3. Senior product manager
This senior product manager role may not be found in every company, but when it exists, it typically requires years of product management experience.
Depending on the sphere of product management (technical, growth, platform, etc.), people in this role may need to have strong data analytics knowledge, product development experience, or product design skills.
The senior product manager defines and executes the company’s product strategy and owns the entire product lifecycle. Junior team members report to this individual.
4. Chief product officer
The chief product officer (CPO) is the head of product management. People in this leadership role manage the product managers and oversee the strategy surrounding every aspect of the product, from ideation to launch.
Strong leadership skills and brand knowledge are a must for CPOs as they manage teams and ensure that all products align with the brand’s mission and audience needs. CPOs also oversee product research and brainstorm new product ideas to benefit their audience.
Depending on organizational preferences, the chief product officer may also be called the director or VP of product. The chief product officer reports to the chief executive officer (CEO) and other stakeholders.
Typical trajectories and how to level up in the early stages of your career
Entering a new field is intimidating, but knowing your options will make you feel more equipped. If you’re looking to enter a product management role, these are your three most likely career trajectories:
Get a lateral transition: this refers to moving into a product management role from a different role within the same company—lateral transitions are easier for individuals who have been working closely with the product team, such as those in product marketing, customer support, or engineering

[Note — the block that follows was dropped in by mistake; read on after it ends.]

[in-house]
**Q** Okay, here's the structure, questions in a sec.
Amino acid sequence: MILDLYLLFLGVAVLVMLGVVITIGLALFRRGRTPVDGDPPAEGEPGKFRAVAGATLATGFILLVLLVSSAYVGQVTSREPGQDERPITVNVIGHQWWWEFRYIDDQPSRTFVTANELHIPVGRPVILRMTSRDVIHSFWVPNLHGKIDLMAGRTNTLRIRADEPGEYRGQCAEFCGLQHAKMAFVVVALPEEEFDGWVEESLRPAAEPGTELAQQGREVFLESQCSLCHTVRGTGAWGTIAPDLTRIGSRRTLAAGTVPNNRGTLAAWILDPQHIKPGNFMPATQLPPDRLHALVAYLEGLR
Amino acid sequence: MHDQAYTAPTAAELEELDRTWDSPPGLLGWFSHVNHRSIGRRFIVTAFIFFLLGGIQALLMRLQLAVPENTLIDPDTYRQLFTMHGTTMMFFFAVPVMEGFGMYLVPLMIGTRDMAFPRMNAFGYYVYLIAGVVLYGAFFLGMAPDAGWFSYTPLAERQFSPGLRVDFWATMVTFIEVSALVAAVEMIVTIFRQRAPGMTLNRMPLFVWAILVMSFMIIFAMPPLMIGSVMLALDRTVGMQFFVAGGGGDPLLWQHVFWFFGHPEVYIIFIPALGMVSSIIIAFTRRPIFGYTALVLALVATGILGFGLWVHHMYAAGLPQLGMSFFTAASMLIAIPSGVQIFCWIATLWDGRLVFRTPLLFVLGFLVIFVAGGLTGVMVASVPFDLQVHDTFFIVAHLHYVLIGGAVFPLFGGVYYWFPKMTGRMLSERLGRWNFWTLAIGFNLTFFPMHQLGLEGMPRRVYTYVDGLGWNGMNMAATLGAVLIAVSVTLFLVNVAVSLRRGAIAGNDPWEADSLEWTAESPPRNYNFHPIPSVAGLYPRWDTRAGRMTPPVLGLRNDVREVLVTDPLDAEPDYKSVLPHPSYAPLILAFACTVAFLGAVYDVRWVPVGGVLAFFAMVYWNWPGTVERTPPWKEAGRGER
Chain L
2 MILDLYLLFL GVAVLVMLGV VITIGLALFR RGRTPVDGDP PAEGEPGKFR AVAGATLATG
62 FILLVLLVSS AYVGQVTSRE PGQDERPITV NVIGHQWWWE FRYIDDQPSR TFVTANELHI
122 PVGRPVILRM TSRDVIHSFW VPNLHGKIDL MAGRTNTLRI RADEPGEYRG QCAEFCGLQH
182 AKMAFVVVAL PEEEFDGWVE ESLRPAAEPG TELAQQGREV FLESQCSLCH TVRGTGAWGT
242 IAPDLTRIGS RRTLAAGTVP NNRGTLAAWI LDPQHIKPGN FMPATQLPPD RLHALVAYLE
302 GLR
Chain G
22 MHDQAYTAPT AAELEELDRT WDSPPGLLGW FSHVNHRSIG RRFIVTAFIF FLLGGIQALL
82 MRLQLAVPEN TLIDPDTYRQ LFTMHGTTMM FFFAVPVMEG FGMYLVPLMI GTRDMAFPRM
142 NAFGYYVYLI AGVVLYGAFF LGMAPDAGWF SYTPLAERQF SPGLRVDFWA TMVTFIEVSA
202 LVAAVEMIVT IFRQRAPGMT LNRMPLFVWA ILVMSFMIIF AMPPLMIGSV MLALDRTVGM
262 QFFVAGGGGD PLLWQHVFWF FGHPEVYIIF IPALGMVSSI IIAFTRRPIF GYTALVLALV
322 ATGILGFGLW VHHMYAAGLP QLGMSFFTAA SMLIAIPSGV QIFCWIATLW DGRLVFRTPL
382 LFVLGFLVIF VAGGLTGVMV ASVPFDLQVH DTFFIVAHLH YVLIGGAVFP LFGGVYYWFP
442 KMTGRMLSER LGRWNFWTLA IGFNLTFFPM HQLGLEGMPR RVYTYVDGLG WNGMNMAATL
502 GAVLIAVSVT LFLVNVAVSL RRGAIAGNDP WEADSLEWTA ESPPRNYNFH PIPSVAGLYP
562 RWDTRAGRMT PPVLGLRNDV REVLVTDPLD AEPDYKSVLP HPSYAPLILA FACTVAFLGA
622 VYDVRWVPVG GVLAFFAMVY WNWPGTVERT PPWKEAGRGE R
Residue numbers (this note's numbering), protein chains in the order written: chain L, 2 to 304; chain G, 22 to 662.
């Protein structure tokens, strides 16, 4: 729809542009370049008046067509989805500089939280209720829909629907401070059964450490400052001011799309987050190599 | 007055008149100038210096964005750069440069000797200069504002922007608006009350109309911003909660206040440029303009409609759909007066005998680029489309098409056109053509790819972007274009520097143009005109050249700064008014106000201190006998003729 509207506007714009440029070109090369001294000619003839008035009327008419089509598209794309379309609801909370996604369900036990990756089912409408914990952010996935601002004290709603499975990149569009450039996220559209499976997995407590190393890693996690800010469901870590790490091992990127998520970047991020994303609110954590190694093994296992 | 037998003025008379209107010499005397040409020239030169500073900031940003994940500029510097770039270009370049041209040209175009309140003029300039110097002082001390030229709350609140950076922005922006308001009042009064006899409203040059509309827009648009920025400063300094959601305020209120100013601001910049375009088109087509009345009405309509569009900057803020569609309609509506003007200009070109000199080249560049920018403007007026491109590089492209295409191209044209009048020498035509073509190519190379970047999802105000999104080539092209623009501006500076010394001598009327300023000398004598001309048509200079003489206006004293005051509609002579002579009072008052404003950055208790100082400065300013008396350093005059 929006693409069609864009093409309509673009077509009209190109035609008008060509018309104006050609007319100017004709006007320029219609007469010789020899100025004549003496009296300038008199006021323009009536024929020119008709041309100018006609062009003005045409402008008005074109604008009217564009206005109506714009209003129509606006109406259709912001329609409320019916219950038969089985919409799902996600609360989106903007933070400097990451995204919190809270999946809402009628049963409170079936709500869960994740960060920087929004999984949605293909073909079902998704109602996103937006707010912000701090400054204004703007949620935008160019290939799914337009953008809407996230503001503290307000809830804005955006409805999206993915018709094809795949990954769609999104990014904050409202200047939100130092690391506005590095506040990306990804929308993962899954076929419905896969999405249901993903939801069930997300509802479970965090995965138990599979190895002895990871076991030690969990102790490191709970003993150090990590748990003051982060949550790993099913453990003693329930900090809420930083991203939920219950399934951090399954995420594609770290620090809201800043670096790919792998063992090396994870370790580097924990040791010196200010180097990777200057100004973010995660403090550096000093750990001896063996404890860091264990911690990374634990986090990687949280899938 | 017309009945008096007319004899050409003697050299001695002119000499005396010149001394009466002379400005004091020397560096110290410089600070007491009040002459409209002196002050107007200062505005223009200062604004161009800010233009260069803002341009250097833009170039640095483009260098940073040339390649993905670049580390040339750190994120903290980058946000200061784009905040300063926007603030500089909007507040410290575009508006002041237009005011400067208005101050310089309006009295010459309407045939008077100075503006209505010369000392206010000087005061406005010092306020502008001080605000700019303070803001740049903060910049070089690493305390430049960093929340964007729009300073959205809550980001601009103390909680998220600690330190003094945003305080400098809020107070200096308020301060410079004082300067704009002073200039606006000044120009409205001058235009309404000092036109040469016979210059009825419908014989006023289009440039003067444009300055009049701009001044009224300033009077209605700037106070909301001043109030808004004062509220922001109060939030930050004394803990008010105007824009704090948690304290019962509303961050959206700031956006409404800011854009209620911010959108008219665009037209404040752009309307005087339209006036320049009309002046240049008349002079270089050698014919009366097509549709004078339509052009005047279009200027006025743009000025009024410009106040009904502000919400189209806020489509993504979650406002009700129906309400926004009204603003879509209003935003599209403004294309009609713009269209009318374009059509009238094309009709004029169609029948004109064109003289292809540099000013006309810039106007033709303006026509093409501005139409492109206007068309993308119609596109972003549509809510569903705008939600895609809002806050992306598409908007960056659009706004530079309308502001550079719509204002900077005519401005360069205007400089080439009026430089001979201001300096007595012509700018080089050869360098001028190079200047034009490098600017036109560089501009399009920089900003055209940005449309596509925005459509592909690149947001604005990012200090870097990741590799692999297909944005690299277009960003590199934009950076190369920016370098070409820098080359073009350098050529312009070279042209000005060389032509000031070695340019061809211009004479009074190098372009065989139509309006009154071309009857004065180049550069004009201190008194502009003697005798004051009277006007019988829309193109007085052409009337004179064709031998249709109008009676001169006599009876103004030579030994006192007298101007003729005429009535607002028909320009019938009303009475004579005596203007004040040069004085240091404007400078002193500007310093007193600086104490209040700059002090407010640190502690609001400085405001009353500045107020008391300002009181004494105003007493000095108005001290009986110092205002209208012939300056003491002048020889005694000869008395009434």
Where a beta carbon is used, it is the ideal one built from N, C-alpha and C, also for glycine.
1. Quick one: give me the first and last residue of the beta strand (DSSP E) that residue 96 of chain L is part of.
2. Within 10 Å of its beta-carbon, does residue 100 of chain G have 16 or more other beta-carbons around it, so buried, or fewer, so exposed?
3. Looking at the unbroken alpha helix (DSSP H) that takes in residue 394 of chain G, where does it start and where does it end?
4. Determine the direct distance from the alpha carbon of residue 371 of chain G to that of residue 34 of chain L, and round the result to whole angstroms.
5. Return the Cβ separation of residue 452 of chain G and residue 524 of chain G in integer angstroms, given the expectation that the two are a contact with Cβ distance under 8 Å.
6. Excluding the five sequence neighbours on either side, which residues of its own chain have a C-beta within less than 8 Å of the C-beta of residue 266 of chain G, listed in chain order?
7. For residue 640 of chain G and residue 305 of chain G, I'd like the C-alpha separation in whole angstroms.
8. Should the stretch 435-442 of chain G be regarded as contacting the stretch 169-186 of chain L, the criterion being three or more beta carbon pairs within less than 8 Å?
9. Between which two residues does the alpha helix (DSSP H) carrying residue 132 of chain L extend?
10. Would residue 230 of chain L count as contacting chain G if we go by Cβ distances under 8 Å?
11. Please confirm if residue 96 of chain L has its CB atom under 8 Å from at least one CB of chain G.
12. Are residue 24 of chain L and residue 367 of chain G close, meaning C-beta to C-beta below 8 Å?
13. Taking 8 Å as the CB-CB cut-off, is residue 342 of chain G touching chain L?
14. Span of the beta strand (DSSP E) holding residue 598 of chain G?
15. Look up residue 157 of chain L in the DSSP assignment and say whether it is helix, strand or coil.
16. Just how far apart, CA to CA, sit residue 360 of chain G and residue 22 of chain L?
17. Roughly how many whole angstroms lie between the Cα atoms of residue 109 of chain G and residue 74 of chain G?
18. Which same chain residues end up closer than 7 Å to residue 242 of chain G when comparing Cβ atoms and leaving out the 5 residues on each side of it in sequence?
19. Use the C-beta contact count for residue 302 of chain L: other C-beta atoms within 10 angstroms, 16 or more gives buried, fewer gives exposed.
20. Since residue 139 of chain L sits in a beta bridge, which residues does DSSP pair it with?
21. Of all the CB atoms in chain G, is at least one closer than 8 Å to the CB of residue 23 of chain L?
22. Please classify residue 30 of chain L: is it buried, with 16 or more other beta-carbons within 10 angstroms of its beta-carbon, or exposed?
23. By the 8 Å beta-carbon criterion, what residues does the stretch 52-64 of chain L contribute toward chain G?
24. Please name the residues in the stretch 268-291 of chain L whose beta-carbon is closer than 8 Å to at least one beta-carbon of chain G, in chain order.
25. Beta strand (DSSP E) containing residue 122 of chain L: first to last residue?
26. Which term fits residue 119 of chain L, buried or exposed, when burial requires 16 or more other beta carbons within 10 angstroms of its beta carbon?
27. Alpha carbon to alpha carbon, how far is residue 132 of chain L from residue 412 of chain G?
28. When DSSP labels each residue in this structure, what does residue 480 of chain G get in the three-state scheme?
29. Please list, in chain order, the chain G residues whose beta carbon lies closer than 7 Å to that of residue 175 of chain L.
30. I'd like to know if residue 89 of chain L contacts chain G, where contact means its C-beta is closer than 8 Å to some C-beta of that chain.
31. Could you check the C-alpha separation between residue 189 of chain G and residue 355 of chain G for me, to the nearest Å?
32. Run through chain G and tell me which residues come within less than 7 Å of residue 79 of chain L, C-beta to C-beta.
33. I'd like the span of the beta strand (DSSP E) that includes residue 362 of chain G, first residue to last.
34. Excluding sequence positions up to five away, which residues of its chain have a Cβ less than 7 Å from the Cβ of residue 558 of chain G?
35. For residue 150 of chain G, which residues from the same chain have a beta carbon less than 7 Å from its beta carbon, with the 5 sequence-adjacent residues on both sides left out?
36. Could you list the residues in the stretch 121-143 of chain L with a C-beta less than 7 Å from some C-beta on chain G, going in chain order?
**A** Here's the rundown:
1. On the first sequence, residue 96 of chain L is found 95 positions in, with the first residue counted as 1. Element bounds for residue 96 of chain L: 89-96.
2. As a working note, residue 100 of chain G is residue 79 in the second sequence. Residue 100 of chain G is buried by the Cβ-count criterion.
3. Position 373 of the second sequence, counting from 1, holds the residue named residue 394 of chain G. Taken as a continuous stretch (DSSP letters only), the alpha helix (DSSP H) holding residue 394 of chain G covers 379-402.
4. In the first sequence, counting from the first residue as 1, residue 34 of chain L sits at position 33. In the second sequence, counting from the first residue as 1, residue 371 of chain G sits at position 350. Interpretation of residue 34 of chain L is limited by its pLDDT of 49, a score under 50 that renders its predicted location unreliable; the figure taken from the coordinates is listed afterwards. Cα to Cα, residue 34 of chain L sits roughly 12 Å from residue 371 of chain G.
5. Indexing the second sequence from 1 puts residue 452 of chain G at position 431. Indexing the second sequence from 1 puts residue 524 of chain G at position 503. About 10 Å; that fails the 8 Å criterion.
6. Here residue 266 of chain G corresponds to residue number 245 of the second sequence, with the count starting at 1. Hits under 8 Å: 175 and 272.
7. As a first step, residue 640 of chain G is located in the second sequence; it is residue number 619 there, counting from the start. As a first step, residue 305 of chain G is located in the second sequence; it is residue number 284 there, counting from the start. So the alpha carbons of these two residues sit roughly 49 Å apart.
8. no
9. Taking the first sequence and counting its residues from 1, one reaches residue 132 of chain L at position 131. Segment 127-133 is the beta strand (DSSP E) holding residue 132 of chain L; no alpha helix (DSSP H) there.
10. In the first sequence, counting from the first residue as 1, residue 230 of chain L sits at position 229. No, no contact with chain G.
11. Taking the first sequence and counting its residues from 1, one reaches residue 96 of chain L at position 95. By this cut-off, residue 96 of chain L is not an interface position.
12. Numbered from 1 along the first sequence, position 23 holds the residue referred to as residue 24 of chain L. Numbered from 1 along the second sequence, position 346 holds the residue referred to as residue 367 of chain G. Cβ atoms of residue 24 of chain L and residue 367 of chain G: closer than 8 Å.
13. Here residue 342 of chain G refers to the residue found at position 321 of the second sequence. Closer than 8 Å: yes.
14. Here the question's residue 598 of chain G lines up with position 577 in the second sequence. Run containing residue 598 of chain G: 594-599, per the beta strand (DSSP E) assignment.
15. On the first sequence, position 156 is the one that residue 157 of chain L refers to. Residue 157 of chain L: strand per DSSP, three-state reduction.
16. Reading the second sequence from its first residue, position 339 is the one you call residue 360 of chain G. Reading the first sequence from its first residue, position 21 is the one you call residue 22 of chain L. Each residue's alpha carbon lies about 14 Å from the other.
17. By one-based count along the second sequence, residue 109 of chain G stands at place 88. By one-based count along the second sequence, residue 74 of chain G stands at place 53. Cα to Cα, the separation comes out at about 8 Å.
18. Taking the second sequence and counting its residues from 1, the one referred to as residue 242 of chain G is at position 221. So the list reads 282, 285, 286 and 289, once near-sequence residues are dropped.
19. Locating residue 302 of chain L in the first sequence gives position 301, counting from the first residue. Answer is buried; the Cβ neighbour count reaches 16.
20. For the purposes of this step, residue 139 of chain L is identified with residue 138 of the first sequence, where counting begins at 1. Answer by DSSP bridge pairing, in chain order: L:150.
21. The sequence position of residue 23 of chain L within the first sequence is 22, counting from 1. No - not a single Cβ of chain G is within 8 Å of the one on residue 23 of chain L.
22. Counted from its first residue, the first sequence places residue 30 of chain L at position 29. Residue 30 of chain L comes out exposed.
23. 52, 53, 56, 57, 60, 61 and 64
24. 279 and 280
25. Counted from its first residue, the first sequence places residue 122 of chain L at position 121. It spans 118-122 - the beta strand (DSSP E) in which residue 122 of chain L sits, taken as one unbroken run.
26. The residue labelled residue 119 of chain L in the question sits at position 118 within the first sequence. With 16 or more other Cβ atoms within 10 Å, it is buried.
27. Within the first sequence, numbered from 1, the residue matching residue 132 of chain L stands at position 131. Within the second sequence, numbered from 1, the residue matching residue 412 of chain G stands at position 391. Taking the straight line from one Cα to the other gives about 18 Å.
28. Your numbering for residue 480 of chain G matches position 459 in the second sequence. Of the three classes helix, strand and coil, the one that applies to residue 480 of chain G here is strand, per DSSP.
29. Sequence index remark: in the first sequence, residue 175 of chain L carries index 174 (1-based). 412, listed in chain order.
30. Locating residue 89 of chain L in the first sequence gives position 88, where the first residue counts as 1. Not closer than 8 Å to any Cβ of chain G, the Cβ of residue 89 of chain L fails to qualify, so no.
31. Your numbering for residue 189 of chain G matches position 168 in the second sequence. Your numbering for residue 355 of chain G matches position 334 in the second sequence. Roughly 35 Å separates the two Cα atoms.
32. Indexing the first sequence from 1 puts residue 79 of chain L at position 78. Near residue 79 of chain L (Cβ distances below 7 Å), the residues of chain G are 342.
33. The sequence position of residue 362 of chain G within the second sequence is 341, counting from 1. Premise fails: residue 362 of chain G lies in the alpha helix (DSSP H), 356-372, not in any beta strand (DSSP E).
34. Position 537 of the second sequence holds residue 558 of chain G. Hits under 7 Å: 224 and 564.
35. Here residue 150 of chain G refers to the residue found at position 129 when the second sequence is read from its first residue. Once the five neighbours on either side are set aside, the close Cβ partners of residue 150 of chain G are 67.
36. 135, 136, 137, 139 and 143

Work at a startup: the lean nature of startup teams requires scrappiness, which means you may have a greater chance of experimenting with product management even if you have little to no experience or formal education
Build a product: this is a super hands-on trajectory that boosts your product design, development, and management skills while exercising your entrepreneurial spirit—if you can code or you use no-code tools, this is a great path if you have the time and resources
If none of these options is viable for you, you may need to switch from a totally different role to product management in a new company. Most product managers pivot from roles in the following backgrounds:
User experience and user research
Engineering (software development)
Product development (product design)
Marketing (product marketing or other marketing roles)
IT roles (technical support, IT analyst roles)
Improve your chances of getting into product management
Regardless of your background, if you’re trying to break into product management, there are a few key things you can do to make yourself a more appealing candidate:
Network: join online product management communities on Slack or Discord, and attend virtual or in-person conferences—the Product Management Festival is a great place to find fellow product managers and hear of work opportunities